Explore your senses and let your nose lead you through the streets around via Clavature.

You’ll find the indoor Mercado here – opt for a mixed meat and cheese platter for lunch, washed down – of course – with a local glass of wine. Delish.

6pm, and join the Bolognesi as they partake in an aperitivo called Spritz. It’s bright orange. To me the combination of Aperol, prosecco and soda water wasn’t smooth enough, but join in and you’ll get nibbles for free.

If you’ve not overdone the aperitivo buffet, head to a local trattoria for Bologna’s most famous dish, tagliatelle al ragu. This is the original and uncorrupted version of spaghetti bolognese. Without spaghetti or a tomato in sight, it’s a dish full of flavour. Try it at Trattoria del Rosso, home of local food at local prices, eaten with local people. The set menu (7-8pm) for a pasta dish with a glass of wine, water and coffee comes in at €10.

For your evening passagiata (walk), ice-cream is THE choice. The local Ferrara “Estense” flavour includes sumptuous fudge pieces. Prices everywhere are around €2.50 for two scoops. Mix your flavours for maximum taste heaven.

Costs and practicalities

  • A city walking tour, departing the tourist office on Piazza Maggiore ever afternoon at 4.45pm, costs €13. Book in advance. I personally didn’t rate this tour, but the Tourist Office is a good source of information with English-speaking staff.
  • The streets around via Clavature make for idyllic photo opportunities with flowers, fruits, vegetables, meats and cheeses jostling for place with shoppers and red buildings.
  • To walk the 4km portico to the Santuario di San Luca, head south-west out of the city to start at Porta Saragozza. Number 20 bus goes to the Porta and some of the way beyond for €1.20. This is a good choice for a Monday, when many of the city museums and galleries are closed.
  • Neighbouring Ferrara, Ravenna and Modena are all within easy reach and provide “day out” options. A return train ticket to Ferrara is €9.20, castle entrance fee €6.
  • A frequent bus runs from the train station to the airport for €6.

To sum up

Bologna’s atmosphere is one of a city going about its daily business, albeit in a hipster cool kinda way. Take in the architecture, the atmosphere and the calories without the tourist hoards; and round it all off with a Spritz.


Where else have you been that has a hipster vibe? How do you think Bologna compares against other Italian cities?

How Bologna gave me the courage to act on my gut feel – pronto!

I’d only been in red-bricked Bologna a few hours when I had the feeling my original calling here could be a spurious one.

Bologna gut feel pronto!

Over the “oohs” and “ahs” of the flavoursome discoveries of the famed ragu, I’d spent my first evening there talking with Judy, an inspirational Canadian lady who’s been travelling Europe since May.

Judy, with her top coaching qualities, has a 115-strong “I am going to do this” list. The idea being that if you commit something to paper, you’re more likely to then make it happen.

Why 115? If you aim for 100 you’ll only think of 90 and then get stuck.

Egged on by the memory of Judy’s words and being the keen “do-er” that I am, the first 25 items of my own “115 list” were committed to hard-drive the following evening.

Number 25 – motivated by numerous occasions when I’ve delayed acting on my gut feel – is this:

Have the courage to follow and act on my gut feel earlier and not succumb to some British “being polite and nice” thing I seem to do, even when there’s no need. This doesn’t mean be rude to people, rather that I don’t have to extend the hand of friendship to people whose actions deserve only civility.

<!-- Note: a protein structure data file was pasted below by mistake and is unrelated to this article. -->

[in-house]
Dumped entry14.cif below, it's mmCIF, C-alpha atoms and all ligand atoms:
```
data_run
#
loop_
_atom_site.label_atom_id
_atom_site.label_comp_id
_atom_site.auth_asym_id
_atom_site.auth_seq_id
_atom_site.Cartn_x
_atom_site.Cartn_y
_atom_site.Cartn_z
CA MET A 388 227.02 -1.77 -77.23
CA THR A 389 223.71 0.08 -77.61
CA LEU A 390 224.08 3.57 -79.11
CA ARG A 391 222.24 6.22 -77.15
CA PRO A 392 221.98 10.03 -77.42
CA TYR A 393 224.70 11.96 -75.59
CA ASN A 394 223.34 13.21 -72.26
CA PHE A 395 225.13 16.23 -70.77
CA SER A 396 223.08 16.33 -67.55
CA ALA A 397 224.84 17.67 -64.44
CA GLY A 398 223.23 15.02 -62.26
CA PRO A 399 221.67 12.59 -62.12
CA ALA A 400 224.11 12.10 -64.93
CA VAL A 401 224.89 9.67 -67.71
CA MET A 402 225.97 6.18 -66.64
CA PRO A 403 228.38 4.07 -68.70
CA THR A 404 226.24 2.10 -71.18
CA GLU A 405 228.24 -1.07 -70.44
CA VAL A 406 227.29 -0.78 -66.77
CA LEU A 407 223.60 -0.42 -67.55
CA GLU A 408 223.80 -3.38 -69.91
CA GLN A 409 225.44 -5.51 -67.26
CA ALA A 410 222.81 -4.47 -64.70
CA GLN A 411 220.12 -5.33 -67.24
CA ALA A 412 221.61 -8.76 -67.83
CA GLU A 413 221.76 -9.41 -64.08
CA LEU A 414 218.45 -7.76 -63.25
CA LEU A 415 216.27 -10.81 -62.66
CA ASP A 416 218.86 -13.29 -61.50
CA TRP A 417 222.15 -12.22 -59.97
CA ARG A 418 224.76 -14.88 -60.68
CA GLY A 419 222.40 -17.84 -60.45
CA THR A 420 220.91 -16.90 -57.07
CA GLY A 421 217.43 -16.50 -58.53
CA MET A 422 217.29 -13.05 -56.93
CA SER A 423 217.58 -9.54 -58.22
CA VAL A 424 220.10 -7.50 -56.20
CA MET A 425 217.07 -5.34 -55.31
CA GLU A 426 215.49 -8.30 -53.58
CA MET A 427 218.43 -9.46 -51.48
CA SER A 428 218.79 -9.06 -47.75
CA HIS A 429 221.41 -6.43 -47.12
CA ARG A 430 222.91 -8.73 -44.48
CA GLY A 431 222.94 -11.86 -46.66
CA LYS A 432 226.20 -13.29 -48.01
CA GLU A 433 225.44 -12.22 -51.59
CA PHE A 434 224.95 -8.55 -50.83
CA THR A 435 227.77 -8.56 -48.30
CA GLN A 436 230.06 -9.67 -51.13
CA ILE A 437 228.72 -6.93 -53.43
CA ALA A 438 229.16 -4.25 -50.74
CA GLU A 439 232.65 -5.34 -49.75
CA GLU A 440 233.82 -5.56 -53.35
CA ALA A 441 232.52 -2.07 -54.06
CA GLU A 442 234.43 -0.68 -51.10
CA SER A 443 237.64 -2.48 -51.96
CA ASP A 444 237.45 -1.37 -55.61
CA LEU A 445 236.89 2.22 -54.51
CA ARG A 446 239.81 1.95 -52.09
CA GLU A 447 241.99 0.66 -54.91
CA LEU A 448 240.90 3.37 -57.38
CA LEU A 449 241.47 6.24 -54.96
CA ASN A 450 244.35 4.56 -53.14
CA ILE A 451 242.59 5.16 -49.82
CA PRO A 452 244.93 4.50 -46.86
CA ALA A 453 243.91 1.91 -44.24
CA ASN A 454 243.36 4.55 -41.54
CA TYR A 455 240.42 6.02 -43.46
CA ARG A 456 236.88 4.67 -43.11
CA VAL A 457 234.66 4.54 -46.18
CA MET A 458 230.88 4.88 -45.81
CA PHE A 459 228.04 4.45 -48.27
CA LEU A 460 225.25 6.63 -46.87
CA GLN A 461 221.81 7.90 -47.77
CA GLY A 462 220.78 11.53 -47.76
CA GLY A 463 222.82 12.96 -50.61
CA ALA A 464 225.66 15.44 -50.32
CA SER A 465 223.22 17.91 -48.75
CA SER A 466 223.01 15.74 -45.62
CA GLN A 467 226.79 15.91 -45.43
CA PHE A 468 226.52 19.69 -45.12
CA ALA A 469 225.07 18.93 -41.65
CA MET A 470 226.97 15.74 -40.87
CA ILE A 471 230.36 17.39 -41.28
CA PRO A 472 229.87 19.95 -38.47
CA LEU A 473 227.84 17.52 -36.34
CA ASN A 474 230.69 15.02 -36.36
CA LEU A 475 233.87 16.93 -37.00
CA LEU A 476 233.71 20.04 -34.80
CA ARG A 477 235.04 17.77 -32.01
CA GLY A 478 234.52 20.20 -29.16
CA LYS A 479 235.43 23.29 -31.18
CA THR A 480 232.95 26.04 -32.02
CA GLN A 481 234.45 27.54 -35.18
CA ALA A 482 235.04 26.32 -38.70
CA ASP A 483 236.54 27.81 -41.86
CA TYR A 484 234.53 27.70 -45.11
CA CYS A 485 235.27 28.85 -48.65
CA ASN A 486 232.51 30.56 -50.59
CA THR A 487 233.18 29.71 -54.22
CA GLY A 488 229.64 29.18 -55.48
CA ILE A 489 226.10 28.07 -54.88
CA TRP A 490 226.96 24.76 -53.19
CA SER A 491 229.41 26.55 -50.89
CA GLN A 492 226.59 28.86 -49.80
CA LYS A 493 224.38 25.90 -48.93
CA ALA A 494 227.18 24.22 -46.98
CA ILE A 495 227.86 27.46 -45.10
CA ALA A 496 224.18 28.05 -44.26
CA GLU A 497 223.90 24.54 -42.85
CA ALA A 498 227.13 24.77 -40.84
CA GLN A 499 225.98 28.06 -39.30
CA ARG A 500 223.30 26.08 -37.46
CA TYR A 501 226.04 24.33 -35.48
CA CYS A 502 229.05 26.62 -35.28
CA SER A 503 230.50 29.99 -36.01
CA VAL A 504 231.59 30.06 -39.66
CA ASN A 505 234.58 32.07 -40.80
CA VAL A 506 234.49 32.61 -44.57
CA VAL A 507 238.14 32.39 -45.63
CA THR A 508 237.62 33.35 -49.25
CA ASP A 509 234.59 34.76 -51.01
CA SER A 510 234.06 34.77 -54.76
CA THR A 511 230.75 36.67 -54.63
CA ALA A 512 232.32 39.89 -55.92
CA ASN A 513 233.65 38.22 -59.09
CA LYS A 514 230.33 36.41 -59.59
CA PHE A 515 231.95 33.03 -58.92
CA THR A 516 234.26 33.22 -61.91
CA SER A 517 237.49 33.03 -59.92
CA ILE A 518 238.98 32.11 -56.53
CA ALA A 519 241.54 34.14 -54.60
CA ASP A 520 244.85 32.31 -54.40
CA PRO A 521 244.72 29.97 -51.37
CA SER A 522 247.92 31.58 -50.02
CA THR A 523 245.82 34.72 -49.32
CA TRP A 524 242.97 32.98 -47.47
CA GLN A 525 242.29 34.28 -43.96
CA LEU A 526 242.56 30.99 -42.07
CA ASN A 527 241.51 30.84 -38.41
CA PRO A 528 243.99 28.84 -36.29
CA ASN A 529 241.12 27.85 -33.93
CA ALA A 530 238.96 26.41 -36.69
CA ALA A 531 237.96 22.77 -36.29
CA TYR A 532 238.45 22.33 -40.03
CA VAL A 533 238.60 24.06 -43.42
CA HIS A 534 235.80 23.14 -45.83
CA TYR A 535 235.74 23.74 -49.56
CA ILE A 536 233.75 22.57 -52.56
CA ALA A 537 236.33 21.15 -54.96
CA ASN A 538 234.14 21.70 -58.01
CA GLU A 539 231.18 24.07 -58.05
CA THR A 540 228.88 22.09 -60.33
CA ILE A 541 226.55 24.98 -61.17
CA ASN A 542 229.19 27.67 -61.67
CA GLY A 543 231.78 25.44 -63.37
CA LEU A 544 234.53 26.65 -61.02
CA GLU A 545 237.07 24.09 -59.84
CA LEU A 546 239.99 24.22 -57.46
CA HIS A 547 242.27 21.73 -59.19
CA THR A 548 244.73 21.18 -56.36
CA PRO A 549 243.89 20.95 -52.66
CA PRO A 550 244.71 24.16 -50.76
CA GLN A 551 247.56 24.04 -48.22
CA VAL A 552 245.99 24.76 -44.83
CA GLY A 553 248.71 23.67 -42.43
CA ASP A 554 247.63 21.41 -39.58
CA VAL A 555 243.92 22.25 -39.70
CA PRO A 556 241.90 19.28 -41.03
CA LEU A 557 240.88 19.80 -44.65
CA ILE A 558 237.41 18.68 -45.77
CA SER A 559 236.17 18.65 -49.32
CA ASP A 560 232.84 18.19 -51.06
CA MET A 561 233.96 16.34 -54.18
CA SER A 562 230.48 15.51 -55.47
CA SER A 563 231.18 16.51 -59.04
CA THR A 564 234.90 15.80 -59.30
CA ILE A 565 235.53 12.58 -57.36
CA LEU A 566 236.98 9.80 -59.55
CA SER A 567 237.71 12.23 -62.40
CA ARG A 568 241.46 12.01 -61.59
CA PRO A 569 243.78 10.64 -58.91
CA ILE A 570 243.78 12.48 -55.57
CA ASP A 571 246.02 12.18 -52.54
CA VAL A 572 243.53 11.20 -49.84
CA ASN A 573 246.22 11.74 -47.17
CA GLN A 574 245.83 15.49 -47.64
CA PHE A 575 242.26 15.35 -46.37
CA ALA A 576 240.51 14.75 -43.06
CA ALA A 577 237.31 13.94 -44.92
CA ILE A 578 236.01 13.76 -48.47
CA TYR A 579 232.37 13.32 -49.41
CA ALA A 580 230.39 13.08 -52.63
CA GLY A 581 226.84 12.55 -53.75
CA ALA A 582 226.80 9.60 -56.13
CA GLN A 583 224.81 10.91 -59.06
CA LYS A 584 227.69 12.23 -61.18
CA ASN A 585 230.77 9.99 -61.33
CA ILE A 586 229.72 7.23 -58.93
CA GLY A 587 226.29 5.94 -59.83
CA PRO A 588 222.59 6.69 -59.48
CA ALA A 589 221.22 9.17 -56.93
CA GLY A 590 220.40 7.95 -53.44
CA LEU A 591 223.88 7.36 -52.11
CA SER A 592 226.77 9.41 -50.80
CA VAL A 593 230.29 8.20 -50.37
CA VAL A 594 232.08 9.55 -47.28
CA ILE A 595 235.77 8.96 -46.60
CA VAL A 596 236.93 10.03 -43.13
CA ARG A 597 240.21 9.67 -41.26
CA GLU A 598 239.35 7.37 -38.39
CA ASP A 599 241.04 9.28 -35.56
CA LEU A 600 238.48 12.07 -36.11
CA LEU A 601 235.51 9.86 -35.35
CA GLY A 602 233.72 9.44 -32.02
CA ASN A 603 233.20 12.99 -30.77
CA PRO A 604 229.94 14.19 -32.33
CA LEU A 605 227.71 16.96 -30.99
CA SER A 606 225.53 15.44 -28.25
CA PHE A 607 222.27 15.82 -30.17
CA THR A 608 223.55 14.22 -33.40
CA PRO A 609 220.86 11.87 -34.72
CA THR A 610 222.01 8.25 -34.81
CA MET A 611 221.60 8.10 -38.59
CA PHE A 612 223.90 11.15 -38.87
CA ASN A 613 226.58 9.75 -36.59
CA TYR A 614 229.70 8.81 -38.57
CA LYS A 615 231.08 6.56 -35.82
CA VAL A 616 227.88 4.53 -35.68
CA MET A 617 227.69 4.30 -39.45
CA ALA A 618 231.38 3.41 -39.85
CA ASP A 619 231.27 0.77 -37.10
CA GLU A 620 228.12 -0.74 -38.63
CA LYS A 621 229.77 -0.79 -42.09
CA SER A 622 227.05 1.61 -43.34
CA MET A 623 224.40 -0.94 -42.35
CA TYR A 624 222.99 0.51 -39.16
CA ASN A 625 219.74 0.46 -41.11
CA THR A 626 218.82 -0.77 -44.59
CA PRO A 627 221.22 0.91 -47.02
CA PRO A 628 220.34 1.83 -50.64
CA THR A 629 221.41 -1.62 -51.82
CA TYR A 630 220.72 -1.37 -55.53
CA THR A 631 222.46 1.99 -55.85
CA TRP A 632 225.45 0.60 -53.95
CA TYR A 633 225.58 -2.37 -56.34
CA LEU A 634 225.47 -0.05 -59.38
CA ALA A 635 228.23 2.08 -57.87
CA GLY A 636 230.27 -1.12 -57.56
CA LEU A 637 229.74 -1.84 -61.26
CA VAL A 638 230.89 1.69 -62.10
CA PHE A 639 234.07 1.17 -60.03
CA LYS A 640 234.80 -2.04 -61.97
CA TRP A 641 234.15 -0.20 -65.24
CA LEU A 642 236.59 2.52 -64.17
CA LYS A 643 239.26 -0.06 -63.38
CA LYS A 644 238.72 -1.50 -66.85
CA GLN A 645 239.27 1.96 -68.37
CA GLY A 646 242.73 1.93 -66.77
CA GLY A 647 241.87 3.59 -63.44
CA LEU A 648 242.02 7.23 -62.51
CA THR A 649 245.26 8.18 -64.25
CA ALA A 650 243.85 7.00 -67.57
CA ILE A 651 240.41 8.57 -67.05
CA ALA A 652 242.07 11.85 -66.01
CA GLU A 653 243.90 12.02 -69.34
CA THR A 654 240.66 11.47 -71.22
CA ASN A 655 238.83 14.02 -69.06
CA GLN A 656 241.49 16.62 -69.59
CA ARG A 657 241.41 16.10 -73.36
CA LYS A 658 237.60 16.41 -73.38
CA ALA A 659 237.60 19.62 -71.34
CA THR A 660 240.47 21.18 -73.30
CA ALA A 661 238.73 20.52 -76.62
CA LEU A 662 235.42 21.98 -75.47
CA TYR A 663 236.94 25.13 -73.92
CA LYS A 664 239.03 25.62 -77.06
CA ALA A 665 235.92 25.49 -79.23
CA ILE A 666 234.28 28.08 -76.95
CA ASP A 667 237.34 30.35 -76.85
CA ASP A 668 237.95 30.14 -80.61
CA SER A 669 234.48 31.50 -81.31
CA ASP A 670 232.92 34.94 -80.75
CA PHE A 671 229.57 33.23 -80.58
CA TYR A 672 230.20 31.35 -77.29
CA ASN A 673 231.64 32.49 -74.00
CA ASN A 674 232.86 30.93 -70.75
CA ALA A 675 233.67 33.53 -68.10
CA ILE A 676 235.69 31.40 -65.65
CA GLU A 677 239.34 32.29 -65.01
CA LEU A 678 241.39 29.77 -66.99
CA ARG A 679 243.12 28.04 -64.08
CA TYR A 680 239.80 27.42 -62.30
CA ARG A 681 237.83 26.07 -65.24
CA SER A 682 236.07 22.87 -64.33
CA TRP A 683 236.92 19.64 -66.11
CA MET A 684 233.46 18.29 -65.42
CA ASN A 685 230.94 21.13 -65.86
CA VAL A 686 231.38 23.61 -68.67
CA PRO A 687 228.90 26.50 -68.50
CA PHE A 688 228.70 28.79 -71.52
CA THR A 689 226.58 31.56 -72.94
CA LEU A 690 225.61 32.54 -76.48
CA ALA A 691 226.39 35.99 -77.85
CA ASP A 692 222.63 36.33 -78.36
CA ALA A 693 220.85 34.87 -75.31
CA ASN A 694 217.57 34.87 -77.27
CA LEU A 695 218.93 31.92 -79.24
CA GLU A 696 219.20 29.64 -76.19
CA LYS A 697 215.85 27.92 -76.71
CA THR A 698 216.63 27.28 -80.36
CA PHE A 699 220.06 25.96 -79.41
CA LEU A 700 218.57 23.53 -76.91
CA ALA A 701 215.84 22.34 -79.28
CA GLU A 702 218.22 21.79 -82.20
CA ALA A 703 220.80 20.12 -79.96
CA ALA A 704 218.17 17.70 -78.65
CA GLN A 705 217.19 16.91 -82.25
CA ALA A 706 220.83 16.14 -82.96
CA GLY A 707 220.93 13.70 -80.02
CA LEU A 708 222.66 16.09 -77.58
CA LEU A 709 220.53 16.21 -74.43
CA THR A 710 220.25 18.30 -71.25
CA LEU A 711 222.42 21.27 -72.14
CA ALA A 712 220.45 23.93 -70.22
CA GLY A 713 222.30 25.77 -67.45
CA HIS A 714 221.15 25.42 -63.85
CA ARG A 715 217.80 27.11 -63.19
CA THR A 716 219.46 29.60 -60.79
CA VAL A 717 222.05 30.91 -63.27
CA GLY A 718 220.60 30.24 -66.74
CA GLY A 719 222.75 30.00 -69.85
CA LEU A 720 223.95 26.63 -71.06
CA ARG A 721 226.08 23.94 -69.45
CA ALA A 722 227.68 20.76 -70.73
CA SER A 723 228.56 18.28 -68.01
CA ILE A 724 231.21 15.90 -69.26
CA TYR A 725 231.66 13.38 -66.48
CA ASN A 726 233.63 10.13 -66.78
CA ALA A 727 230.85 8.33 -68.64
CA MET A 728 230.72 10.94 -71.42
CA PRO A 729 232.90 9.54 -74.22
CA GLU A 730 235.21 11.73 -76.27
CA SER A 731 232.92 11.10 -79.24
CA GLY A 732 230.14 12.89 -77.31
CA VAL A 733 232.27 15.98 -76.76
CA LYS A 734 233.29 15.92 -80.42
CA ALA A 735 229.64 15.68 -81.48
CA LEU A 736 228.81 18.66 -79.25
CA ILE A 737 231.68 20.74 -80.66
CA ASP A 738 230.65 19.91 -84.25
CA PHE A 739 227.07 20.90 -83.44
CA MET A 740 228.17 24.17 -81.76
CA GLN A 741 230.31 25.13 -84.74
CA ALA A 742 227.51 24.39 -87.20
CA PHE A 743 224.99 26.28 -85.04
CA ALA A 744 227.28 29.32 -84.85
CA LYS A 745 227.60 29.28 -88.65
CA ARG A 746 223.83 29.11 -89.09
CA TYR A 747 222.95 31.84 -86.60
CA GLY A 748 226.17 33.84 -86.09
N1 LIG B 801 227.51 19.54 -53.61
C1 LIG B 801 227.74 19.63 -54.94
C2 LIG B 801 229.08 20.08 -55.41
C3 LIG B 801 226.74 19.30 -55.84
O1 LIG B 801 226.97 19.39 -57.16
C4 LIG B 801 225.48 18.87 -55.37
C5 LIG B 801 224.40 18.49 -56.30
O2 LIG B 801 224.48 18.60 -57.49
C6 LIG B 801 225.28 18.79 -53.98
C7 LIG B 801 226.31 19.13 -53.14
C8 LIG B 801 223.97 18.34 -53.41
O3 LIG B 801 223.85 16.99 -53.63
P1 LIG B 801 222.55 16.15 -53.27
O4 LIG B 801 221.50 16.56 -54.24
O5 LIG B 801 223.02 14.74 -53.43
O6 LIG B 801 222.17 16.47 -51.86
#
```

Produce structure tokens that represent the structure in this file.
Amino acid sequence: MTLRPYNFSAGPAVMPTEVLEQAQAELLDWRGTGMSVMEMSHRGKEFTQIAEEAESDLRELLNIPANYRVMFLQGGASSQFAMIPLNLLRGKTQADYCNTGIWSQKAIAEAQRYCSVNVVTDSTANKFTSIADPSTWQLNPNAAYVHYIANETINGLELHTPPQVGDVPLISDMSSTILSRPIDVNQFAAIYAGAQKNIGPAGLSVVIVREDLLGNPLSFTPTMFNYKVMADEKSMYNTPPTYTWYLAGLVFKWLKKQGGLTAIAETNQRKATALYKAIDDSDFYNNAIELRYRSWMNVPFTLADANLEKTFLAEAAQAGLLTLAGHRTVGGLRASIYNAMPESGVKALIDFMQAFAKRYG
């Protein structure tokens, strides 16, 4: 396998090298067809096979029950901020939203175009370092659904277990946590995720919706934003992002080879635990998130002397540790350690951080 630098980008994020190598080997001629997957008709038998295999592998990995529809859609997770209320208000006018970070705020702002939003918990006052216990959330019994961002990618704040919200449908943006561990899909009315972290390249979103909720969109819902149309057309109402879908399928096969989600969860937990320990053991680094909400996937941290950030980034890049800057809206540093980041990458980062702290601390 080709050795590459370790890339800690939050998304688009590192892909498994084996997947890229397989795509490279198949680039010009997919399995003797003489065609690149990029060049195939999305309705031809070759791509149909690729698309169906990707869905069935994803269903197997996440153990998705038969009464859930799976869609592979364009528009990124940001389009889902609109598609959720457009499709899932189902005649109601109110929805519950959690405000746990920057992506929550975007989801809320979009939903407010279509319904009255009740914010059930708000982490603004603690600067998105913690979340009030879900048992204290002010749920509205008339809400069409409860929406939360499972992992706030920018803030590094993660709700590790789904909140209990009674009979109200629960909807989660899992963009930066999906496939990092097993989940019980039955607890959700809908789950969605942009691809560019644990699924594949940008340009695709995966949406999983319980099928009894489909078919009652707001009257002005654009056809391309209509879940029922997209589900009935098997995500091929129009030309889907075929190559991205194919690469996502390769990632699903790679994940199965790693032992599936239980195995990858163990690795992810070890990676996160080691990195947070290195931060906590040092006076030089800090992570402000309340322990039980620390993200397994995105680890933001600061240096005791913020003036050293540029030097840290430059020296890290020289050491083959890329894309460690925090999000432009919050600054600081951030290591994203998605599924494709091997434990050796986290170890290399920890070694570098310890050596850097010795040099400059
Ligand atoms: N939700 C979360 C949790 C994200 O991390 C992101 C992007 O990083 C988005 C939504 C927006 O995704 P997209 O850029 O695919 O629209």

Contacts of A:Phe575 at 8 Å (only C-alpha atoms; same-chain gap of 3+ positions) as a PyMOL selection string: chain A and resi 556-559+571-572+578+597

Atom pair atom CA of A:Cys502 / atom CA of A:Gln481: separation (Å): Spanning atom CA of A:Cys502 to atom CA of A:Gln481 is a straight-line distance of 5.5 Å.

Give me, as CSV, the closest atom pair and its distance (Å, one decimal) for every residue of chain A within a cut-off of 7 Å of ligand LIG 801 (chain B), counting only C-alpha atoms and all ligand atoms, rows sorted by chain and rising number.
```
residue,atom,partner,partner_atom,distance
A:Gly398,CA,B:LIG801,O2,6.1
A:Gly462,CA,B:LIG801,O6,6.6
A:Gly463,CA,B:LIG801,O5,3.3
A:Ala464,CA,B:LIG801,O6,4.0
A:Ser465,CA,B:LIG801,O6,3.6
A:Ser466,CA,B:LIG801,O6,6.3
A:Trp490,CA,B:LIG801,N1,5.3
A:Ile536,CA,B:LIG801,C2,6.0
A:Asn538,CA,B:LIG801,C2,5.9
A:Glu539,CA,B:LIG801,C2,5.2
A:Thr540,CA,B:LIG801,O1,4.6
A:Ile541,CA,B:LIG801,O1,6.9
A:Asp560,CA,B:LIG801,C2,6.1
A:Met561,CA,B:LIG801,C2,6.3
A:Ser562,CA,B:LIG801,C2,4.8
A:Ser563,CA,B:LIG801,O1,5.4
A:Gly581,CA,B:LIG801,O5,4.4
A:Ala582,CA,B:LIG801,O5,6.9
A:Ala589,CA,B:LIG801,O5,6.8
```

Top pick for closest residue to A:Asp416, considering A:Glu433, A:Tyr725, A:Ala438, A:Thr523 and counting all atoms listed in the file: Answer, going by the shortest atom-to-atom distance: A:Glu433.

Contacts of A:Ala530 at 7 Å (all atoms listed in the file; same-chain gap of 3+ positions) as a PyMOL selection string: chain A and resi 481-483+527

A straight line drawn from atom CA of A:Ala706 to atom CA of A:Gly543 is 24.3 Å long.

Little did I know I’d be putting it into practice only two days later.

The original calling

Italian ice-cream gelato

Gelato. Love it.

I confess, I’d had an ulterior motive for wanting to visit Bologna. Sure, the leftist red-bricked city had been on my Italian wish-list for all the reasons I’ve long loved Italy – culture, food, wine, ice-cream, architecture, people. But that was only 80% of it.

The other 20% came in the form of 6 foot 2 Italian hot-ness by the name of Giovanni. A Bologna resident, I met Giovanni in Rome last year when he approached me in a bar to say he “knew me from Scarborough” (my home town). I was floored.

Several thoughts ran through my head, chief of which was: “I’m pretty damned sure I’d have remembered YOU in Scarborough!”

So after one night of merriment between our respective groups of friends that ended with a very chaste peck on the cheek and an exchange of numbers at 2am; and having turned down at least three previous invitations, I arrived in Bologna some eighteen months later, as part of my month-long trip from Budapest to Athens.

The plan? To do my own thing sightseeing, and to catch up with Giovanni on the Tuesday evening I was in town.

Fast forward two days. Tuesday, 8.40pm

no shoe shopping on my career break

These were in the wrong country.

I’m stood inside Palazzo Gnudi with Giovanni and his friends. A frescoed ceiling is above me, girls in dresses and high heels are all around me. I’m not exactly in scruffs, but I feel decidedly under-dressed. This is a super-trendy bar that’s a million miles away from Bologna’s marginally casual – by Italian standards – leftist vibe. My numerous pairs of suitable heels are three countries north-west.

I feel decidedly like I’m an afterthought. A hungry afterthought at that.

A combination of factors have led me to this conclusion. His vagueness about arrangements and lack of mention of the bar/dressy factor, being half an hour late without apology, lack of desire to tell me anything about places I should see whilst I’m in town, lack of offering me a drink when he was buying a round.

I have a flashback to number 25.

Have the courage to follow and act on my gut feel earlier and not succumb to some British “being polite and nice” thing that I seem to do, even when there’s no need.

I don’t really know Giovanni from Adam; I don’t owe him anything.

My mind is made up.

I scan the bar with a cursory 360, check he and his friends are out of view, find the stairway, and leave; replying to his “where are you?” message ten minutes later with a text that is far more polite than necessary.

I seek out the local pasta speciality of tagliatelle al ragu – it’s more sumptuous than any hot Italian could ever be. Thanks Judy, I feel illuminated.

Do you have a list like Judy’s? Have you found it a help or a hindrance? Or have you ever gone somewhere for one reason and found you remember it for something completely different?